It is likely that you will go through physical therapy for a few weeks before surgery. The goals of attending physical therapy pre-operative include reducing pain and swelling, restoring the knee’s full range of motion and strengthening the muscles. Meeting these goals will assist with a better healing process post-operative including restoration of full range of motion.

Day of Surgery

The day of the procedure, you will need to arrange for a ride to and from the procedure and arrange for help at home.

Wear shorts or loose pants.

Do not eat or drink anything after midnight for arrivals before noon. Otherwise, do not eat or drink anything seven hours prior to your arrival at the surgery center.

If crutches or a walker are needed, please rent or borrow them prior to your surgery. You will be contacted by Lawrence Surgery Center to set up your patient account. They will inform you of your pre-operative instructions as well as tell you when to arrive for surgery.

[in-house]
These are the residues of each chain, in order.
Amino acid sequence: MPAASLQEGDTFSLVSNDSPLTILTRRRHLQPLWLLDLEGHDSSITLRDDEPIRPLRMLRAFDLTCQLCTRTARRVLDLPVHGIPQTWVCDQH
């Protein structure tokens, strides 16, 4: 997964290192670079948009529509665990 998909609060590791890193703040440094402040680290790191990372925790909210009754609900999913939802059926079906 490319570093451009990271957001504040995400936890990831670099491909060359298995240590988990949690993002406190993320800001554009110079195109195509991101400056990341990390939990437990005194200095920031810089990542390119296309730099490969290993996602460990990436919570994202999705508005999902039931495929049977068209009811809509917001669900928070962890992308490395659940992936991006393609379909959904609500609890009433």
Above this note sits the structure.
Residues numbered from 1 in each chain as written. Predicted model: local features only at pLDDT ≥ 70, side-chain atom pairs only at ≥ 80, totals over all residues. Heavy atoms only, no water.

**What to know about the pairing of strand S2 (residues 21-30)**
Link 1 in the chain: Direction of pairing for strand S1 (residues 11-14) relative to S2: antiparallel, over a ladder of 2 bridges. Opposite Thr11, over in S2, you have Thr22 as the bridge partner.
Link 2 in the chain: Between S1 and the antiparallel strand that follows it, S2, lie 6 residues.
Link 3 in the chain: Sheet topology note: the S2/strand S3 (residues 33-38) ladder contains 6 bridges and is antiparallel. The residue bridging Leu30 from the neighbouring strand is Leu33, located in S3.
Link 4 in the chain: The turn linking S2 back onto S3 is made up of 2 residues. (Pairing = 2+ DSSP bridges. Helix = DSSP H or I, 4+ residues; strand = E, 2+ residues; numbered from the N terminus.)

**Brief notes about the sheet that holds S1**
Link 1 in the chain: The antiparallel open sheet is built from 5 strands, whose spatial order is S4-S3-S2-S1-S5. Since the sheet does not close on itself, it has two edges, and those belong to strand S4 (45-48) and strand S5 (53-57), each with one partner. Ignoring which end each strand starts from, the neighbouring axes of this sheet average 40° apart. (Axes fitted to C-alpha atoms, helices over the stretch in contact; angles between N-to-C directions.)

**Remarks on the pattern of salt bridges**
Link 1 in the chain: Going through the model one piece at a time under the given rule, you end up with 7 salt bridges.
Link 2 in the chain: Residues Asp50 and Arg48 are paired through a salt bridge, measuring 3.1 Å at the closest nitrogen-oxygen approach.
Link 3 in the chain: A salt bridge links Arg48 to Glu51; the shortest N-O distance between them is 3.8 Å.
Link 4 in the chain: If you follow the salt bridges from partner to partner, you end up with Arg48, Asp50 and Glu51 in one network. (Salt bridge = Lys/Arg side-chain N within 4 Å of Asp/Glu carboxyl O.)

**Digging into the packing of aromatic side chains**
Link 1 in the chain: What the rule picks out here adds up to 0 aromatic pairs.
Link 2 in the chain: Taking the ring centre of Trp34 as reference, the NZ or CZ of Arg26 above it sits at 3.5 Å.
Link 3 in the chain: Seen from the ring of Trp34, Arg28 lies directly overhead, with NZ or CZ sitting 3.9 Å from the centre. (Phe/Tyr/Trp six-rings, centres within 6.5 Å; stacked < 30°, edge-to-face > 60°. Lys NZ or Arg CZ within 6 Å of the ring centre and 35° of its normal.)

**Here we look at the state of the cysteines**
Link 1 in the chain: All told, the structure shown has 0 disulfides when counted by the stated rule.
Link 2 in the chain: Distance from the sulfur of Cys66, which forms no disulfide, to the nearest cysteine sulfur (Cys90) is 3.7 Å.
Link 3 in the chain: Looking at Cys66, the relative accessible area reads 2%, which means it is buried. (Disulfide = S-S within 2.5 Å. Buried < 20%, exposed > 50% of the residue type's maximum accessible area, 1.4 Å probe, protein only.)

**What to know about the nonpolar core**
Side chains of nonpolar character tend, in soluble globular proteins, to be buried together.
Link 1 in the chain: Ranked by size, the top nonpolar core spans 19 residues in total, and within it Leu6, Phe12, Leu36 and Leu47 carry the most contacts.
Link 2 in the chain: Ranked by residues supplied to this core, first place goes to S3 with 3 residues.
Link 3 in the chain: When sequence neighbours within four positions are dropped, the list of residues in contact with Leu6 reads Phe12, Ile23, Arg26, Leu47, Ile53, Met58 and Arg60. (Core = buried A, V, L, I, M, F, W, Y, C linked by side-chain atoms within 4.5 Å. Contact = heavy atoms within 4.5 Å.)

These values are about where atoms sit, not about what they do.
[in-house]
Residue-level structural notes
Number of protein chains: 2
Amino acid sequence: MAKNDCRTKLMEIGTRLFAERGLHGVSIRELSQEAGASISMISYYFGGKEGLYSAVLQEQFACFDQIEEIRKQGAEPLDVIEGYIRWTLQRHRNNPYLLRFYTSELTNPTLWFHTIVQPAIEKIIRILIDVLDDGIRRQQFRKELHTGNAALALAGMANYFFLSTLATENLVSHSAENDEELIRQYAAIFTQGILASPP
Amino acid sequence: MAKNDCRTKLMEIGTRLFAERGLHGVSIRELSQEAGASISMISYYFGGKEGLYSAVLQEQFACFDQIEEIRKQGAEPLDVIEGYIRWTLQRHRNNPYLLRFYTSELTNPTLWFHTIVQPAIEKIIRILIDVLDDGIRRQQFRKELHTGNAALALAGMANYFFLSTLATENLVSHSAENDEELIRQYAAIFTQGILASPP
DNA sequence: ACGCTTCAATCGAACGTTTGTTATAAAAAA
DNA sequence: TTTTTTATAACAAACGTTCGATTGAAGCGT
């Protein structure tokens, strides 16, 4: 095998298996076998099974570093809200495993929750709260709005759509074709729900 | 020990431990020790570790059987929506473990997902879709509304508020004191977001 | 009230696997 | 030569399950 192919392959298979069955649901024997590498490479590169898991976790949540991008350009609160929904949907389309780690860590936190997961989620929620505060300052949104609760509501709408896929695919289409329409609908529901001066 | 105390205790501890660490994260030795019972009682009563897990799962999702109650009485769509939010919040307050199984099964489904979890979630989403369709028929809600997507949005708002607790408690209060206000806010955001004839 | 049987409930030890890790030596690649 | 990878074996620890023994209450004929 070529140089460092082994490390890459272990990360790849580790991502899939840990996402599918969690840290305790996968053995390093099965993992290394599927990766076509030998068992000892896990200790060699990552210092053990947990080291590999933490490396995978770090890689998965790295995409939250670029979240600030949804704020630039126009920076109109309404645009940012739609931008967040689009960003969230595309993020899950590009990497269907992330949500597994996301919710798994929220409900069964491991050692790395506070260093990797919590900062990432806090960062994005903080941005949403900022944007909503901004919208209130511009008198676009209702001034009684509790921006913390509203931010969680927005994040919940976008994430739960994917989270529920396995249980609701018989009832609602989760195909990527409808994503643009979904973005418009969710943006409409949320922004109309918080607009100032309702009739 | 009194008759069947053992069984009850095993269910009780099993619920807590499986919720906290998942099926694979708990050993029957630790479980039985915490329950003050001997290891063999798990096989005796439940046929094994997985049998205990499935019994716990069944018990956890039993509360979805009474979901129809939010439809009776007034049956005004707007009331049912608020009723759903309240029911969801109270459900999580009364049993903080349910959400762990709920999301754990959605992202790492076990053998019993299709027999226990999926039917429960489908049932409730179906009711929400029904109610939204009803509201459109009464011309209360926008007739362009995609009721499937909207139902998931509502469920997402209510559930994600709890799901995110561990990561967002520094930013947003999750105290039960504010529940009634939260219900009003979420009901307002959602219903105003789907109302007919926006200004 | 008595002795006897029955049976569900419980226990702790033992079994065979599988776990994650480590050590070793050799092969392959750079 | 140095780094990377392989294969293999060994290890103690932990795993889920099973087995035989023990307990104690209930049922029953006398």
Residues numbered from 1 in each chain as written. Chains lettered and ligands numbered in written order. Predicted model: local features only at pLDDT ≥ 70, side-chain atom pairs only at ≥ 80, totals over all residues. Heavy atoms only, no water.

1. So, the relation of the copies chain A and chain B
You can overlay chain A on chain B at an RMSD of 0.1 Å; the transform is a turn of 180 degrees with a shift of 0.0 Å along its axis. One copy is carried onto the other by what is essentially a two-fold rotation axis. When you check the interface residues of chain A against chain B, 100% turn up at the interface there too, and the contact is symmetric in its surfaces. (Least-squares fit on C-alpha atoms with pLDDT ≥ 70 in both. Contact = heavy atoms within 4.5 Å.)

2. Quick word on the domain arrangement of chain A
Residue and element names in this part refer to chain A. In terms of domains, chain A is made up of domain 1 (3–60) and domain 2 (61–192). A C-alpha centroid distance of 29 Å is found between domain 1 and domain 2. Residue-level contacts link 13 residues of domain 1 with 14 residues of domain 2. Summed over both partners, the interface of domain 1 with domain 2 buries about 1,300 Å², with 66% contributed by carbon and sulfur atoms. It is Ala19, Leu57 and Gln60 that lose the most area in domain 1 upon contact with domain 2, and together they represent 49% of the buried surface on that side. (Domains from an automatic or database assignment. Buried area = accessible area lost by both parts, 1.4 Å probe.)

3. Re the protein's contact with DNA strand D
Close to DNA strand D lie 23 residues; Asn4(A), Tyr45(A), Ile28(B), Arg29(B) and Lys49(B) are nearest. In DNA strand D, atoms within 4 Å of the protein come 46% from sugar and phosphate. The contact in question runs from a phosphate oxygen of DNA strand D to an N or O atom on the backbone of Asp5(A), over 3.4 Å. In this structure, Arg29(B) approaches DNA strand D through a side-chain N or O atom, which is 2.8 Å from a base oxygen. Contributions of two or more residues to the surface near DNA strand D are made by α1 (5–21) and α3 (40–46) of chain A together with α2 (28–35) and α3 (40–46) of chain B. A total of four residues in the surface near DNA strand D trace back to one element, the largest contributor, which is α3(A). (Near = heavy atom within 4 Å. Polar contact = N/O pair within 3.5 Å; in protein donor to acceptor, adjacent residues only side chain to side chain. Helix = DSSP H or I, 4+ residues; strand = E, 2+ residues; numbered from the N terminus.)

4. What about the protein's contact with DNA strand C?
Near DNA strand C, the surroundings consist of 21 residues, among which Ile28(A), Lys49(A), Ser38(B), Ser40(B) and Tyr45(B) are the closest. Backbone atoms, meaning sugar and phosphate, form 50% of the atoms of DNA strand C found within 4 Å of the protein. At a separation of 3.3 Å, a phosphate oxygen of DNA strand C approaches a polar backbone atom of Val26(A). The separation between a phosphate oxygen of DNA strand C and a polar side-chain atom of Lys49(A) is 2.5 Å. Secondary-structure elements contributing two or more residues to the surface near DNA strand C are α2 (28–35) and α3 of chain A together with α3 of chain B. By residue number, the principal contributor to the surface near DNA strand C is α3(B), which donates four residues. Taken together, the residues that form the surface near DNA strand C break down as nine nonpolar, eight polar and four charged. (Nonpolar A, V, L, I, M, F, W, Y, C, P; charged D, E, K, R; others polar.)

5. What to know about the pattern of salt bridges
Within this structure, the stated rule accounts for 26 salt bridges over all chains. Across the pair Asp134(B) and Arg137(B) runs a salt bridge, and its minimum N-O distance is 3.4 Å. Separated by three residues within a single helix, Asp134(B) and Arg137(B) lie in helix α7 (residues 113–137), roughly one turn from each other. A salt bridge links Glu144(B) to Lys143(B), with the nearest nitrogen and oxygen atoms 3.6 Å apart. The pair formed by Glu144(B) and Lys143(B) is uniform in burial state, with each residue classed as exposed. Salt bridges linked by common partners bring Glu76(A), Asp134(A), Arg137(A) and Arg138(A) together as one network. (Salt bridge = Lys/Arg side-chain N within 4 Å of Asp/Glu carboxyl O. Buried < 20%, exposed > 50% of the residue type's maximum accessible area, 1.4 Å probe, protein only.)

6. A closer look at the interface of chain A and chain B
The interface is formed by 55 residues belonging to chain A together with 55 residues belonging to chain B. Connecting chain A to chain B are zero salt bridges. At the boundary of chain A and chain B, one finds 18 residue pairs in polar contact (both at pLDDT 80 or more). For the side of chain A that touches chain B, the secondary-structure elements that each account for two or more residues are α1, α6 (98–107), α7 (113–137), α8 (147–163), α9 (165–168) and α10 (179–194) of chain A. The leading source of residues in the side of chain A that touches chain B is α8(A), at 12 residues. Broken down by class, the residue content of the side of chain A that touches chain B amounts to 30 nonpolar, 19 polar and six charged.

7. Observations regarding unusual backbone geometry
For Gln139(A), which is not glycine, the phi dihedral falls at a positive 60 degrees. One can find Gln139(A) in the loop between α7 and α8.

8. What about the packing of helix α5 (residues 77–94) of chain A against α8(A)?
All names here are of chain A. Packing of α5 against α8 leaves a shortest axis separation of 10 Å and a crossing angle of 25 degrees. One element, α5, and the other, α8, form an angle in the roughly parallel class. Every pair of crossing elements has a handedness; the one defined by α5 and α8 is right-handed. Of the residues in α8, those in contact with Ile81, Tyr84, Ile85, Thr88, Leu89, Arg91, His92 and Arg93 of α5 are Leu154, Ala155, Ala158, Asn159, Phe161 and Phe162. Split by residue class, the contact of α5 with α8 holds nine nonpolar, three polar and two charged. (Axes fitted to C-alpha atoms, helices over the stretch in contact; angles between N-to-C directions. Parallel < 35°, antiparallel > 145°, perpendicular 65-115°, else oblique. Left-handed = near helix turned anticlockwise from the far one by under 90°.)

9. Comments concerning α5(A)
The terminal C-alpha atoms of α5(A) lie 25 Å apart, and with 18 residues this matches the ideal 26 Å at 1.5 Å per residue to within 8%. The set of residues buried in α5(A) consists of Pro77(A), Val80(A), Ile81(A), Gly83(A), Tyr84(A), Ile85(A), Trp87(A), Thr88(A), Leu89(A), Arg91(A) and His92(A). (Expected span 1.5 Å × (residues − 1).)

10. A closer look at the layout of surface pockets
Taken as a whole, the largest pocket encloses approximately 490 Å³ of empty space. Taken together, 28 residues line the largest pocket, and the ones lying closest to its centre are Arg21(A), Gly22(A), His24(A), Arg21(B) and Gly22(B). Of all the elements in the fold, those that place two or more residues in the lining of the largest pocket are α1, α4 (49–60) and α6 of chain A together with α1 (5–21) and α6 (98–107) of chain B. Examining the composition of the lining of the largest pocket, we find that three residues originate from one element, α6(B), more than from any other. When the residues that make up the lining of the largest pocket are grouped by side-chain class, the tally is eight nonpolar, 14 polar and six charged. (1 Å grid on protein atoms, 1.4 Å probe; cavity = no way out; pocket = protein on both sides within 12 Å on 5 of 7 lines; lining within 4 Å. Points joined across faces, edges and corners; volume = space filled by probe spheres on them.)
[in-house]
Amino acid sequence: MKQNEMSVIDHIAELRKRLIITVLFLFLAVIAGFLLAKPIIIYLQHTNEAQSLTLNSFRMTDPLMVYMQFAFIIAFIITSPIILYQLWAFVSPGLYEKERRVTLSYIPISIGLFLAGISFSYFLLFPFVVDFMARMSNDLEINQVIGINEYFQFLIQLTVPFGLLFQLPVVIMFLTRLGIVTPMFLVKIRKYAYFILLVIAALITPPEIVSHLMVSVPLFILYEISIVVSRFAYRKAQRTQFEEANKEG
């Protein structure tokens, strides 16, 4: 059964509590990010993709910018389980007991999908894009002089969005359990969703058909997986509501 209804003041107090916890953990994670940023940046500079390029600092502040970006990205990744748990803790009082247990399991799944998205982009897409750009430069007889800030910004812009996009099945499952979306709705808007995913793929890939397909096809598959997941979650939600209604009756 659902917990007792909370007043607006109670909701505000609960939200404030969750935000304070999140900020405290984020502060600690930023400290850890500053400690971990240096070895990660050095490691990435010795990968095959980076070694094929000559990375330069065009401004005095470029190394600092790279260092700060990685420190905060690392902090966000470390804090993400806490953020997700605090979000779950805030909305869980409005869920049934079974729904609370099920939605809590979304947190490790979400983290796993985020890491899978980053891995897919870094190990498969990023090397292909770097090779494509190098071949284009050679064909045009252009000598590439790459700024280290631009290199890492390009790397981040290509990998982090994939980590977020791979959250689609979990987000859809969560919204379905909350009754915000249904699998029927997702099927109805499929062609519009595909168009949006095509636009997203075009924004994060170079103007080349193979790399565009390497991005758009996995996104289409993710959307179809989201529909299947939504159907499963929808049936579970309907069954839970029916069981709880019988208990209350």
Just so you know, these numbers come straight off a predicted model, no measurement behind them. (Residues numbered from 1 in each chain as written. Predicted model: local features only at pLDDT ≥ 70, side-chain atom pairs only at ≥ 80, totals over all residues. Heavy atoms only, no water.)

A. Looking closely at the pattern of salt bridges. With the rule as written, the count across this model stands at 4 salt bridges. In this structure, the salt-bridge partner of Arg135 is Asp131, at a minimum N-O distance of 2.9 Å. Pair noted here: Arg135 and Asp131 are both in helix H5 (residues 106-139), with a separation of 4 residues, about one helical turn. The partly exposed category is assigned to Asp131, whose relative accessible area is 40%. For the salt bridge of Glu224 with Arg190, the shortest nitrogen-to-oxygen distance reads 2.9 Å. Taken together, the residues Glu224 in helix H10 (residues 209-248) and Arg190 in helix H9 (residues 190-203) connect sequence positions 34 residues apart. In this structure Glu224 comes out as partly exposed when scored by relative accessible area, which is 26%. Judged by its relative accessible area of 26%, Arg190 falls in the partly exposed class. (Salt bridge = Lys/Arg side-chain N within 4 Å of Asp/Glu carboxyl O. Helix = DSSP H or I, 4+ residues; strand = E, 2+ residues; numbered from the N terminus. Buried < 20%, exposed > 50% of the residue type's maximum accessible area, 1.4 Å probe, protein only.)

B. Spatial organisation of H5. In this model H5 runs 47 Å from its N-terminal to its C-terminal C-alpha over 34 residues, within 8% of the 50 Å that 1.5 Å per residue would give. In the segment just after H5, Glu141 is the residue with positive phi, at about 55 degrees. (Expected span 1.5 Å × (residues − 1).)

After Procedure

You will discharge the same day of your surgery. Before you go home you will practice walking with crutches and you may have to wear a knee brace or splint to help protect the graft.

For ACL without meniscal repair, begin your post-operative exercises the day after surgery. You will be weight bearing as tolerated unless otherwise instructed. Wear immobilizer at all times except when doing exercises.

For ACL with meniscal repair, begin exercises the day after surgery. You will be toe-touch weight bearing only. Wear immobilizer at all times except when doing exercises.

Discharge Instructions


  • You may resume your regular diet. However, start slow with clear liquids and gradually work your way back to your normal diet. This will help prevent nausea and vomiting.

Knee Care & Bathing

  • Use your crutches as needed and maintain your weight bearing precautions. 
  • Keep your knee elevated above heart level as much as possible for the first 48 hours, then as needed when symptomatic for up to two weeks. This will prevent painful swelling and promote healing. 
  • Keep your incisions clean and dry all the time.